In early April, I went to the first-ever game at Hartford’s new Dunkin’ Donuts Park between Quinnipiac and the University of Hartford.
Last night, I made it to my first Hartford Yard Goats game at the stadium to see the home team play the Richmond Flying Squirrels in a match-up of AA Eastern League teams.
I had avoided Yard Goat games at Dunkin’ Donuts Park so far this season because they typically have been crowded with people wanting to see the new stadium.
Last night was the perfect combination of us not having anything going on, an early weekday game after a holiday, the kids are still in school and the weather, while not awful, was poor enough that it would keep some folks away.
As expected, it was a small crowd which gave me the opportunity to move around a bit.
Hartford scored five runs in the third and three more in the fourth to break it open en route to a 12-2 victory.
It’s not often that you see the team on the good side of a 12-2 margin get outhit, but that’s what happened last night, with the Flying Squirrels out-hitting Hartford nine-to-seven. But the Yard Goats took advantage of 12 Richmond walks.
Hartford hit one home run late in the game, which meant that steam erupted from the large Dunkin’ Donuts cup atop the Left Field scoreboard. I was a little late in taking the picture, but you can still see a little steam left over.
For whatever reason, I decided to try and get Richmond’s lineup card, which I knew was risky given the lopsided loss. I am not sure what I was thinking because we already have a Richmond dugout lineup card from 2015. Richmond manager Kyle Haines did respond to my request, but told me he had promised it to someone else.
I was very fortunate to at least get the official batting order cards from the home plate umpire.
Neither team has any elite prospects. Andrew Suarez was a second round pick for the Giants, but didn’t pitch in this game. The same goes for Rockies’ 2nd round pick Ryan Castellani. Yard Goat first baseman Ryan McMahon was also a 2nd round pick back in 2013 and is hitting .326 for the Goats.
2017: 15 lineup cards (5 dugout/bullpen; 9 “official batting order”; 1 “today’s lineup” card)
Lifetime: 136 lineup cards (92 dugout/bullpen; 41 “official batting order”; 2 “relief pitcher usage”; and 1 “today’s lineup”)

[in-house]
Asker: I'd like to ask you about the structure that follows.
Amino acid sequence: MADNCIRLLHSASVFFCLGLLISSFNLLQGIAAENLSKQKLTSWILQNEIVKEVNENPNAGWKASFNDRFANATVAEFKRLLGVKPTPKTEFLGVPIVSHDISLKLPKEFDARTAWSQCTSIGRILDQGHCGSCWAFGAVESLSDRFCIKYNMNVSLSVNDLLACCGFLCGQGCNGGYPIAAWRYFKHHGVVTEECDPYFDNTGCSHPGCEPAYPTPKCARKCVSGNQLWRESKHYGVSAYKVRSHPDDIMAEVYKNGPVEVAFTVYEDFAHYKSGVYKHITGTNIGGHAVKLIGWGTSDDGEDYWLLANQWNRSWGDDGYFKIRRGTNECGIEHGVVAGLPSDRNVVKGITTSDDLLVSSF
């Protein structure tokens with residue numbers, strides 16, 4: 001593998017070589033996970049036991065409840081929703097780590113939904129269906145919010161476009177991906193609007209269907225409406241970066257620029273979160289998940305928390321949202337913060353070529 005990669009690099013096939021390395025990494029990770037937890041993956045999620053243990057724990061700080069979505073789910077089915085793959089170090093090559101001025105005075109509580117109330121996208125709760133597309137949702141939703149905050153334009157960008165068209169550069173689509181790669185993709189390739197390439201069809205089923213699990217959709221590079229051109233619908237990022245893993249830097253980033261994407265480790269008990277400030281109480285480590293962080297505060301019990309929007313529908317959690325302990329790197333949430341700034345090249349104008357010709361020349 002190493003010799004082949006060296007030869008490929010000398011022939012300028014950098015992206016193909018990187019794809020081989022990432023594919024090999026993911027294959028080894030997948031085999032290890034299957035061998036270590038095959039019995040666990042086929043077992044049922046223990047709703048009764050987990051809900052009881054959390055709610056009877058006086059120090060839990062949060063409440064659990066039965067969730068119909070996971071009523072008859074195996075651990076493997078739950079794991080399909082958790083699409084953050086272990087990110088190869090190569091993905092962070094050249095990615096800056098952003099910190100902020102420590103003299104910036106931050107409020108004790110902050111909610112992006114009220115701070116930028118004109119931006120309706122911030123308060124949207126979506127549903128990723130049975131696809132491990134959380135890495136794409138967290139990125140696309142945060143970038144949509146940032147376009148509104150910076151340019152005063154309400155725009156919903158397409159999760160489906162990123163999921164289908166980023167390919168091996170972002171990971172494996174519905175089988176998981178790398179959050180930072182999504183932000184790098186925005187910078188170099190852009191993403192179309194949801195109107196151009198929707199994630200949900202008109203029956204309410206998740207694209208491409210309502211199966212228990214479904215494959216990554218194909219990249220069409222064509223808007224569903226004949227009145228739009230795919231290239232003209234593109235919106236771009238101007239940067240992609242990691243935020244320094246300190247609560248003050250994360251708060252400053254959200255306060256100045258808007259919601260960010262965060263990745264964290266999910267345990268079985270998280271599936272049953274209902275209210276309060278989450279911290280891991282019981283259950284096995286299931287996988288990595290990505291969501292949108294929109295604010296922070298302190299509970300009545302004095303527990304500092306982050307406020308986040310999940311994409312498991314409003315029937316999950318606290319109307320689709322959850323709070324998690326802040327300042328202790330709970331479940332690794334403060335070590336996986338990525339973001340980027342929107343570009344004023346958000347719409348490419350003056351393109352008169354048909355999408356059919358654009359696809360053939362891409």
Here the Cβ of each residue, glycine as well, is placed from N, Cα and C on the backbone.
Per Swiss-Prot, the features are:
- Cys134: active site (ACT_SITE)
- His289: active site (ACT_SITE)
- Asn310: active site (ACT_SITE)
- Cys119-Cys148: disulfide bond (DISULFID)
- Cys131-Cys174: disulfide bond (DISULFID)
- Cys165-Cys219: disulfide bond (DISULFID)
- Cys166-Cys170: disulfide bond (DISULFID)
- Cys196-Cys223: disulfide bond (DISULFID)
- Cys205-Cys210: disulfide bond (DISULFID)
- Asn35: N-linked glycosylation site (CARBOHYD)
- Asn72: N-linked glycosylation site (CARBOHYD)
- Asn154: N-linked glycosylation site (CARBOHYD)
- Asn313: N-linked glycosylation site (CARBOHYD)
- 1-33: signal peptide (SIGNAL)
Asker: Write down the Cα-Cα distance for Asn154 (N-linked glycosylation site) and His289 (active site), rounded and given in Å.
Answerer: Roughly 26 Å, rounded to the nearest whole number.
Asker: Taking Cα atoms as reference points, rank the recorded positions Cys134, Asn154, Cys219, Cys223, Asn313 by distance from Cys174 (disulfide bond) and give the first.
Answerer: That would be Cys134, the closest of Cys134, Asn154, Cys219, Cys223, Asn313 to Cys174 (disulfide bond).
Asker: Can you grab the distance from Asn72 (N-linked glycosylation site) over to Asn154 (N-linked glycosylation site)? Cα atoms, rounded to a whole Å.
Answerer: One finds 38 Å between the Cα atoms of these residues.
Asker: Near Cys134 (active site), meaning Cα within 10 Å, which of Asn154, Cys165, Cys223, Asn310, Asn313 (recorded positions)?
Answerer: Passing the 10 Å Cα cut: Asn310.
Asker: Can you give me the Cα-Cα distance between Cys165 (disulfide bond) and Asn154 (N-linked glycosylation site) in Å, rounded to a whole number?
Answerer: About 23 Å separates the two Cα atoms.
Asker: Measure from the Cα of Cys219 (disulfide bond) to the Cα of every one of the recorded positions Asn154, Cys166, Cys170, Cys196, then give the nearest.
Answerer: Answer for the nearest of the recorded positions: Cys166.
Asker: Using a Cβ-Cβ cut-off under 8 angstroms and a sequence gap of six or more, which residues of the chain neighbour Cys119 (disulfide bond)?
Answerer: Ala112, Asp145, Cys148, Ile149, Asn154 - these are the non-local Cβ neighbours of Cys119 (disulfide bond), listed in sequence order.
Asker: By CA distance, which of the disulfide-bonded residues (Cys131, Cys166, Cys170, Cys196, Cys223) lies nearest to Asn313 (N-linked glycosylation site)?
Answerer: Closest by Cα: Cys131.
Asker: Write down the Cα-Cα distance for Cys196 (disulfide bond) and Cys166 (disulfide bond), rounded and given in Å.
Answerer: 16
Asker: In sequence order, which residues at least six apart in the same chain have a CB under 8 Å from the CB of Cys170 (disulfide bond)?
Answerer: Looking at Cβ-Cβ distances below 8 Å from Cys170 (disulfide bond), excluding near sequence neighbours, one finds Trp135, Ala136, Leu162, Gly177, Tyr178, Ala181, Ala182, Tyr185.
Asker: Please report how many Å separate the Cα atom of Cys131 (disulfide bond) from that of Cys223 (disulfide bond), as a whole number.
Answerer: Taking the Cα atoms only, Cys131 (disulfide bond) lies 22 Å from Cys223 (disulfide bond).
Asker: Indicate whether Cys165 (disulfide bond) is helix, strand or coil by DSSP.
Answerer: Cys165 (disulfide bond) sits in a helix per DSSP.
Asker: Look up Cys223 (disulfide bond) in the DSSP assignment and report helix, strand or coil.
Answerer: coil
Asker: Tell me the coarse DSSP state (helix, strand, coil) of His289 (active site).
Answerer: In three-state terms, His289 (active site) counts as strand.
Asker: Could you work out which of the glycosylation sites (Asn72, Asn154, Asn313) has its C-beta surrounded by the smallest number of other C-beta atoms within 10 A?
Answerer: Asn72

We got off to a slower start this year as compared with the previous two years. Sean is still recovering from a concussion he suffered four-plus months ago, and Kate has been busy with her robotics team.
Still, we made the most of the opportunities we had in March/April:
- Getting lineup cards from both teams (Quinnipiac and U Hartford) in the first-ever game played at Dunkin’ Donuts Park)
- Getting the Baltimore bullpen line-up card after a game against the Red Sox at Fenway
- Getting the first of hopefully many Atlantic League 20th Anniversary baseballs at a New Britain Bees’ exhibition game
The lone disappointment was not being able to get a lineup card from a Syracuse Chiefs at Pawtucket Red Sox Game.
May will likely also be a fairly quiet month as Sean continues to recover and Kate wraps up robotics. Hopefully, we’ll be back in the swing of things by June!
Dunkin’ Donuts Park in Hartford will officially open on April 13, 2017 when the Hartford Yard Goats host the New Hampshire Fisher Cats in an Eastern League game. However, a “soft opening” of the ballpark was held on April 11, 2017 when the University of Hartford hosted Quinnipiac University in the first-ever game at DD Park.
Entrance to Dunkin’ Donuts Park
In a word, “quirky” is how I would describe the brand new Dunkin’ Donuts (DD) Park in Hartford, CT, home of the MiLB Hartford Yard Goats.
Is it a nice Minor League ballpark? Sure. For starters, it’s new. If you want to be sarcastic, you can say it should be nice given that it took an extra year to open, although that was really due to in-fighting between the park’s owner (the city of Hartford), operator (Hartford Stadium Authority), Yard Goats’ management, architects and developers (Centerplan and then Whiting-Turner). Then there’s the $71 money spent on the stadium, which was originally supposed to cost $56 million.